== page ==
Current situation

ODF has been responding to dozens of lightning-sparked wildfires in southern Oregon. Incident Management Team 2 has been dispatched to assist the Southwest Oregon District with the Garner Complex of fires near Grants Pass. Very hot, dry weather today remains a risk for new fire starts and a challenge for suppressing existing fires. Many ODF districts and forest protective associations have raised their fire danger level and tightened restrictions on activities linked to fire starts. Check ODF's fire restrictions and closures web page for the latest details at

Friday, September 13, 2013

Douglas Complex update - Sept. 13, 2013

CONTACT: Kyle Reed, Douglas Forest Protective Association
541-672-6507 X136 office, 541-580-2789 cell,

Douglas Complex Update

The warm, windy conditions over much of southern Oregon this week haven’t stopped firefighters from making good progress on the Douglas Complex. Some 150 fire personnel remain assigned to the incident, continuing post-fire suppression activities. The main objectives continue to be mopping up hot spots, working on rehabilitation projects, and patrolling the fire lines. Firefighters have also stopped several small flare-ups, well within the interior of the fire. These fies have occurred in areas that didn’t burn cleanly. While the flare-ups haven’t posed a threat to containment lines, fire officials are trying to minimize the loss of resources and habitat in these areas. With these interior pockets occasionally burning, in addition to other smoldering material in the interior of the fire area, some smoke from the Douglas Complex will be visible until significant rain showers return to the area.

The BLM has extended the road closure for the general public around the Douglas Complex until the end of the month. At that point, they will reassess the situation with the road closures. The road closures are in effect for the safety of firefighters and the public while work continues in the fire area. In addition to the potential for rolling rocks and falling trees in the burned area, many roads that fire trucks, water tenders, heavy equipment, and fire crews are working on are narrow, winding, and have blind corners. The public is asked to honor these road closures and stay out of the fire area. More information about the road closure can be found online at: or by calling the Roseburg Bureau of Land Management at 541-440-4930, or the Medford BLM at 541-471-6500.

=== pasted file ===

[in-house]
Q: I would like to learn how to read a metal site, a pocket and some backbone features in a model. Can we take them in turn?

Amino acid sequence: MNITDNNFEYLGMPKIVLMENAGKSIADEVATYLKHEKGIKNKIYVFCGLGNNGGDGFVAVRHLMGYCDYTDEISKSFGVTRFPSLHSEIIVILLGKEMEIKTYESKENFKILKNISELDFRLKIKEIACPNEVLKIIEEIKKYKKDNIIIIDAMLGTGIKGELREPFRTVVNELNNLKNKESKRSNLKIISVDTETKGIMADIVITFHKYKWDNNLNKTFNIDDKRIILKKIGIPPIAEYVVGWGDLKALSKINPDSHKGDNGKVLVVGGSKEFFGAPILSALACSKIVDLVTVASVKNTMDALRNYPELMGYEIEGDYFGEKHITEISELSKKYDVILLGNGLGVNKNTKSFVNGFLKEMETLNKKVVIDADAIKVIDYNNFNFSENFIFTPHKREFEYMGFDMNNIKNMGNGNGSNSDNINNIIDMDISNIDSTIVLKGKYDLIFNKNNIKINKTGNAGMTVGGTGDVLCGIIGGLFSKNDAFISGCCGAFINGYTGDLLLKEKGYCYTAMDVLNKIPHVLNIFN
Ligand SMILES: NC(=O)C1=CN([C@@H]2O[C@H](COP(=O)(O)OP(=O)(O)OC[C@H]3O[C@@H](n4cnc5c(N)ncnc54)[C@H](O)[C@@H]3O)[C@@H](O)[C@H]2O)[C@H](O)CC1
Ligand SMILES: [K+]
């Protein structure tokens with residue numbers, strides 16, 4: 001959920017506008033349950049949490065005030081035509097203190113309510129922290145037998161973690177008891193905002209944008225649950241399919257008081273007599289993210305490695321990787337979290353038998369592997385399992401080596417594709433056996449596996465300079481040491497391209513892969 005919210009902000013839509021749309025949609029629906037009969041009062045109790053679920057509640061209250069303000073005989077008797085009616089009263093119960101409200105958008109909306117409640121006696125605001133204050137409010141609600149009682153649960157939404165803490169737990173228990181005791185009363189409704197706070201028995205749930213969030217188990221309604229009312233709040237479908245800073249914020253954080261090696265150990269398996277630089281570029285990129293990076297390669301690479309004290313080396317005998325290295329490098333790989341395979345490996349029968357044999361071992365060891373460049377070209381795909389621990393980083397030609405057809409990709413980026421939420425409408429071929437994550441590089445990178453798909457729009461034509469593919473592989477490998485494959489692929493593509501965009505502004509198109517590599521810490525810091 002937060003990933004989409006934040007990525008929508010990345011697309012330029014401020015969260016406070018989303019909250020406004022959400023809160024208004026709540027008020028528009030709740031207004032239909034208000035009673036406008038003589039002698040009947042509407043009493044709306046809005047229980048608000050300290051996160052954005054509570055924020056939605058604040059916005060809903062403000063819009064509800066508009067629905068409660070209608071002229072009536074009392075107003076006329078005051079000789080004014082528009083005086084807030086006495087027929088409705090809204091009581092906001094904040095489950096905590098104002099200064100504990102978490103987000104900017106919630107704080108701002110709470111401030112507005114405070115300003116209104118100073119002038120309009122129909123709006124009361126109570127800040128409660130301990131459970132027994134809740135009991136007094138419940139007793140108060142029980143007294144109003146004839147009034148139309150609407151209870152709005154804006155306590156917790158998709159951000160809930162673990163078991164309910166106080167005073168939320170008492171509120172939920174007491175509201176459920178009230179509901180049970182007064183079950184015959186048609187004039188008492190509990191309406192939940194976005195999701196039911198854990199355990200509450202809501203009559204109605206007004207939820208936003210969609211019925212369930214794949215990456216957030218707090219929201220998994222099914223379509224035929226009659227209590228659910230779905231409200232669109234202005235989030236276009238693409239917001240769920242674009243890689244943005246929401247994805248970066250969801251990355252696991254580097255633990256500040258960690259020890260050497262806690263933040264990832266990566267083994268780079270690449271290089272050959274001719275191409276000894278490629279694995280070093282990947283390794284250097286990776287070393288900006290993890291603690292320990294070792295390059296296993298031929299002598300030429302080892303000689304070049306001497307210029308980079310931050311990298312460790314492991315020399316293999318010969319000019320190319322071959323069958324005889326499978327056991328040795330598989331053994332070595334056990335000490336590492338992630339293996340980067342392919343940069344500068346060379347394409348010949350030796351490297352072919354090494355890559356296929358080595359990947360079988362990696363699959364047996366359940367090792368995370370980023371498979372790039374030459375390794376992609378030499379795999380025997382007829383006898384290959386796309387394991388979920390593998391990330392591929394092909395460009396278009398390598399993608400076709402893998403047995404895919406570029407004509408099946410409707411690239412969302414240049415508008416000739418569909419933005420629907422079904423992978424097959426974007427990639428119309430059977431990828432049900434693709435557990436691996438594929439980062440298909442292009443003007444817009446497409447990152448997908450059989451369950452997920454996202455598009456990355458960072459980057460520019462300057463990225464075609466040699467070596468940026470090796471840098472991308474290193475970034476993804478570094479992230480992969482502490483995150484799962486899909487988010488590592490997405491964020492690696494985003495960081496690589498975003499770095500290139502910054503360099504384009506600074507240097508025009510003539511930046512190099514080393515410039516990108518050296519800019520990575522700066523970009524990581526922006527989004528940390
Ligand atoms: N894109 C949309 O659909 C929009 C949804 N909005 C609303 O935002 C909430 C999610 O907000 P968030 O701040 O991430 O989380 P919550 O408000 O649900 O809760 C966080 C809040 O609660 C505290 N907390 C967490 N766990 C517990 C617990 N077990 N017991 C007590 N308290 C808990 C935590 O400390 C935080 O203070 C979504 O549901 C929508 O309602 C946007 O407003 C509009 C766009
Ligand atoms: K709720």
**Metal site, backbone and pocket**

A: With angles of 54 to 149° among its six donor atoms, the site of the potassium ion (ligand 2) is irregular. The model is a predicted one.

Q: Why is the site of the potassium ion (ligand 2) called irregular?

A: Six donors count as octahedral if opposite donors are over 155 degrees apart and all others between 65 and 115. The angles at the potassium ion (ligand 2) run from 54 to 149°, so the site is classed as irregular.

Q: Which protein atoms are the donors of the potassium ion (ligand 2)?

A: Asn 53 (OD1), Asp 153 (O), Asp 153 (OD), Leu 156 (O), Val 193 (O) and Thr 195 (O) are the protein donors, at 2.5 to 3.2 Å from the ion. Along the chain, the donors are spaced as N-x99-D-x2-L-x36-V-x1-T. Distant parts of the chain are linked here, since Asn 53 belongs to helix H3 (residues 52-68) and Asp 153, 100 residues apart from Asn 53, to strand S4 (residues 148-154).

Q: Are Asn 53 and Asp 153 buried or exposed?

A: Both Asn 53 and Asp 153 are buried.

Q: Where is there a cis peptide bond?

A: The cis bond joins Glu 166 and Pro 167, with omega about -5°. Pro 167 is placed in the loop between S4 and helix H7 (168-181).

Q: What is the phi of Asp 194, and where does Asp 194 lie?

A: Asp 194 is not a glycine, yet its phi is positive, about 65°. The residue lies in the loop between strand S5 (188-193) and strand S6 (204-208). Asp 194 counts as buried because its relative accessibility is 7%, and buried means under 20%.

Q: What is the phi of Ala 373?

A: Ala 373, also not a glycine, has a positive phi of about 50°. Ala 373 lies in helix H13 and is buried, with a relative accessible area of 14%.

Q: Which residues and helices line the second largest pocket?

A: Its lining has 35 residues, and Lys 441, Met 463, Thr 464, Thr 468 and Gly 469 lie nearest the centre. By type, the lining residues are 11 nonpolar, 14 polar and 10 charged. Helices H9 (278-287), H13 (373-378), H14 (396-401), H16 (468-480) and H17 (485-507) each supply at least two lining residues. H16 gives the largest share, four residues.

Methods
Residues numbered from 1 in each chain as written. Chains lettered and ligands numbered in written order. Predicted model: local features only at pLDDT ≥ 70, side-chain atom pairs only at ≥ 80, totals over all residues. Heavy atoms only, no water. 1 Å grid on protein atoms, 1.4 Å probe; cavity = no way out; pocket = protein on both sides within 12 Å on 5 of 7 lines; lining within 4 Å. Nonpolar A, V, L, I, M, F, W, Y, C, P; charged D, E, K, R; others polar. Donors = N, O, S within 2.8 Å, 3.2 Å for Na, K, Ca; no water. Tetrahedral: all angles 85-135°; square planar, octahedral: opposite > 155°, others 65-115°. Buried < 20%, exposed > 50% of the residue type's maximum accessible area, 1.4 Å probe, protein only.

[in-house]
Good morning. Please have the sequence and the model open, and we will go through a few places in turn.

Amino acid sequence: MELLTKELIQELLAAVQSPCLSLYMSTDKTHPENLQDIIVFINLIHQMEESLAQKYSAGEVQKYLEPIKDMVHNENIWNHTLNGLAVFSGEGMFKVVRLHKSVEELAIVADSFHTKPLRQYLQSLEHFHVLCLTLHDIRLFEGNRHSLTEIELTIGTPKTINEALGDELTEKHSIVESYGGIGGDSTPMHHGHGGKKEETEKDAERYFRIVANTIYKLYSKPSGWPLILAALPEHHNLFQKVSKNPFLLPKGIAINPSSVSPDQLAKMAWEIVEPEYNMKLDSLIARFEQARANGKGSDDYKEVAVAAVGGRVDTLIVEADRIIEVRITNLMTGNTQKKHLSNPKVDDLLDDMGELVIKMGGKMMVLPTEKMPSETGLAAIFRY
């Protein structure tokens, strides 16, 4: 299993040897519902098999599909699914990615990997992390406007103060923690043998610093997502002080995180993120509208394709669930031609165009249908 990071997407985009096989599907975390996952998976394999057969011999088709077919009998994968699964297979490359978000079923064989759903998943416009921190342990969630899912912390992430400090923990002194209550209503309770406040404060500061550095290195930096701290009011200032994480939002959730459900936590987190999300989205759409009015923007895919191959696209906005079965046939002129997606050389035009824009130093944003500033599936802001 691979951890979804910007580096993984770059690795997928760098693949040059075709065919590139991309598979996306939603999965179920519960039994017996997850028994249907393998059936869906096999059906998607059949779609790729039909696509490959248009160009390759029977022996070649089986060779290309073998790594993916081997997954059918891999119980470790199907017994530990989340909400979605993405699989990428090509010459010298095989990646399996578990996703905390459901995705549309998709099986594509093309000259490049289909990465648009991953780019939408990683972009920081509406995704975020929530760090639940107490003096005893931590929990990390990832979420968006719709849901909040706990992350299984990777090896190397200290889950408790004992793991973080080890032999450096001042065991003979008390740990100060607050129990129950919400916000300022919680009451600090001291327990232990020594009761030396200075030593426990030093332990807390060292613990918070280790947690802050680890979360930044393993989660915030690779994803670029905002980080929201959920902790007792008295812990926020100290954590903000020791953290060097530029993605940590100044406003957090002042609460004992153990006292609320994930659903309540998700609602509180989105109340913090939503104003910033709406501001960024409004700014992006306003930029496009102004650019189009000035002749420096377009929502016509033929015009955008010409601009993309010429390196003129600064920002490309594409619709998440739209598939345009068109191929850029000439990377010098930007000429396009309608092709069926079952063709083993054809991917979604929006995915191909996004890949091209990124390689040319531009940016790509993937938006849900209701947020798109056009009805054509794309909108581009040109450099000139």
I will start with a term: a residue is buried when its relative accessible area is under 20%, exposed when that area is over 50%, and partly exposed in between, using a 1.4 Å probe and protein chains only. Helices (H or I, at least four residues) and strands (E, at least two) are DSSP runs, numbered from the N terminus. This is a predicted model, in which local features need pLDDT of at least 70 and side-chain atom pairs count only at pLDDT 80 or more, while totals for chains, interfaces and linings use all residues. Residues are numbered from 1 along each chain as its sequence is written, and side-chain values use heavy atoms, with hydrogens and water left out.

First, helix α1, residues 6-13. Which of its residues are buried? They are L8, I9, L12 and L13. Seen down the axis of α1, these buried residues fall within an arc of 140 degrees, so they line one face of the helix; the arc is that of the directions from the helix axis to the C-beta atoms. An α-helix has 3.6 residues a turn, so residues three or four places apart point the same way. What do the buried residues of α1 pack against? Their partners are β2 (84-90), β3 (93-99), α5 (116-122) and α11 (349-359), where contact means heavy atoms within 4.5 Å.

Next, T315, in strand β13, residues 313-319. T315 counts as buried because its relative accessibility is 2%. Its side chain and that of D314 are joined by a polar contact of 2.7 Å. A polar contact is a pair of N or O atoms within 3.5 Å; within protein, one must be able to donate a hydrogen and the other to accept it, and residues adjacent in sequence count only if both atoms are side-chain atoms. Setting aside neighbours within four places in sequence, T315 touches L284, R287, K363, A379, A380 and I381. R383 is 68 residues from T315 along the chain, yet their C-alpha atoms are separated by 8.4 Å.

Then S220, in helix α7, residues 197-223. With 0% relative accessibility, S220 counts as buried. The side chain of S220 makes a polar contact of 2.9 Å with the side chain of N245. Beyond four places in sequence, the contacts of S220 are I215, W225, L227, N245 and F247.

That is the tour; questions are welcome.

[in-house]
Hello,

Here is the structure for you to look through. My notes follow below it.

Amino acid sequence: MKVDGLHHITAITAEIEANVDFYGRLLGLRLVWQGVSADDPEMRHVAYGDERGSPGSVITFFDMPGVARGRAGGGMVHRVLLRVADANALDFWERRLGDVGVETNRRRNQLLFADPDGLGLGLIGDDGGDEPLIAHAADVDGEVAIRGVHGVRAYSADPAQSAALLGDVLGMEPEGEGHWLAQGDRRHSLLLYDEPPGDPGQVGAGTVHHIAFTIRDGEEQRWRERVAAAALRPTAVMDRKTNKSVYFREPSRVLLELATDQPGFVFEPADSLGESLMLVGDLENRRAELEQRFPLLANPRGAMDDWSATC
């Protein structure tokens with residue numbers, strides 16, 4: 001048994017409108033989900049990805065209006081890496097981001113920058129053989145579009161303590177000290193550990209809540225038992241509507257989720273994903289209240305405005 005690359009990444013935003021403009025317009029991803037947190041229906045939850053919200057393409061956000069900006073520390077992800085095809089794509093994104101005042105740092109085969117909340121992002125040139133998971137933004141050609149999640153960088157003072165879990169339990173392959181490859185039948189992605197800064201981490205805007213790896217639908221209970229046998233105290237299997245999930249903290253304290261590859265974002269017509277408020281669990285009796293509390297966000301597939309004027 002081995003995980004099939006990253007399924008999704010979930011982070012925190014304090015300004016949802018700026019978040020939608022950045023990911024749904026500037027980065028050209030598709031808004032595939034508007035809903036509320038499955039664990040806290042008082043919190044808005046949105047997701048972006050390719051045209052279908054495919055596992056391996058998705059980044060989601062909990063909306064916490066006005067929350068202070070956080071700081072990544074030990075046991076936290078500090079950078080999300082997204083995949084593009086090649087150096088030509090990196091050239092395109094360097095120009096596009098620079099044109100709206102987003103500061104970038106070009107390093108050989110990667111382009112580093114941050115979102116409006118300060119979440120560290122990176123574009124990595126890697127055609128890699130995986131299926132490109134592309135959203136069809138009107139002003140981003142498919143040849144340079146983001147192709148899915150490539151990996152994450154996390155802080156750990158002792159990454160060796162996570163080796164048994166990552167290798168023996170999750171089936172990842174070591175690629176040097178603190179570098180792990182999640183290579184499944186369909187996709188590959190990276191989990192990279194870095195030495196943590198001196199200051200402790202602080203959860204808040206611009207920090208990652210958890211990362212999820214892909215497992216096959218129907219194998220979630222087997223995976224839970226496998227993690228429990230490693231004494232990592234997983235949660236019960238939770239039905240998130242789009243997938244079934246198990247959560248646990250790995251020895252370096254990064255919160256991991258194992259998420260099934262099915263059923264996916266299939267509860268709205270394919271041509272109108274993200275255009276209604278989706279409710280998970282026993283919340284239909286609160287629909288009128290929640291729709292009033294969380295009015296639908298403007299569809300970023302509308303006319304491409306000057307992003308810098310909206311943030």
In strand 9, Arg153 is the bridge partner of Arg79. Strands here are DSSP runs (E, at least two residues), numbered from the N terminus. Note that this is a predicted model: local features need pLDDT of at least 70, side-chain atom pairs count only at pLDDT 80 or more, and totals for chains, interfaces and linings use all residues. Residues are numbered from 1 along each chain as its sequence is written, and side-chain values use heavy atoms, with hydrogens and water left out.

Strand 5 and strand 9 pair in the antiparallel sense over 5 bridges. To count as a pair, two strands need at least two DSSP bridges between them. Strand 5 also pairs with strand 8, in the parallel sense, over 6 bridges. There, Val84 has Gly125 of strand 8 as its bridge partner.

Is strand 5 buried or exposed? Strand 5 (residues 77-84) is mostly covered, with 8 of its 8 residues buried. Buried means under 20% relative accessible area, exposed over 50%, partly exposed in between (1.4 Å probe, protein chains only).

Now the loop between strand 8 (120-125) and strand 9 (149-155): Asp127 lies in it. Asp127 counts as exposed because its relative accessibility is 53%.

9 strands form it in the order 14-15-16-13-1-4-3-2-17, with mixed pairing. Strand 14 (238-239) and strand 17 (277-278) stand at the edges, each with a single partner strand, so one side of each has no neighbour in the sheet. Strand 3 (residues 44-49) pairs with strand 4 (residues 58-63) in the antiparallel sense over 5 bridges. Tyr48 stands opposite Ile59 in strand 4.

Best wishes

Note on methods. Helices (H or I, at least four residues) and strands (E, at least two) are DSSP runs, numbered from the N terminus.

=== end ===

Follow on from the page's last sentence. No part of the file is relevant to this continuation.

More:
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The purpose of this blog is to provide breaking news about wildfire activity on the forestlands protected by the Oregon Department of Forestry. We invite you to post questions or comments you have about current wildfires. Please keep your posts civil and free of profanity. You are also welcome to contact us by email at:

Current wildfire info

National weather forecasters are predicting the summer of 2018 will see above average temperatures and below average rainfall. Drought has already been declared in a number of counties in eastern and southern Oregon, with northwest Oregon also unusually dry for June. These conditions set the stage for potentially large, fast-moving wildfires.

What we do

Protection jurisdiction
The Oregon Dept. of Forestry protects 16 million acres of private and public forestlands from wildfire. This includes all private forestlands in Oregon as well as state and local government-owned forests, along with 2.8 million acres of federal Bureau of Land Management lands in the western part of the state. In total there are about 30.4 million acres of forest in Oregon.

Fire suppression policy
The department fights fire aggressively, seeking to put out most fires at 10 acres or smaller. This approach minimizes damage to the timber resource and fish and wildlife habitat, and protects lives and property. It also saves money. While suppressing large fires can cost millions of dollars, economic and environmental damage from wildfires can be many times greater.


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Oregon Dept. of Forestry's public information officers in Salem, Ore., maintain this blog. During the wildfire season, we spend much of our time reporting on fires and firefighting to news media and the public.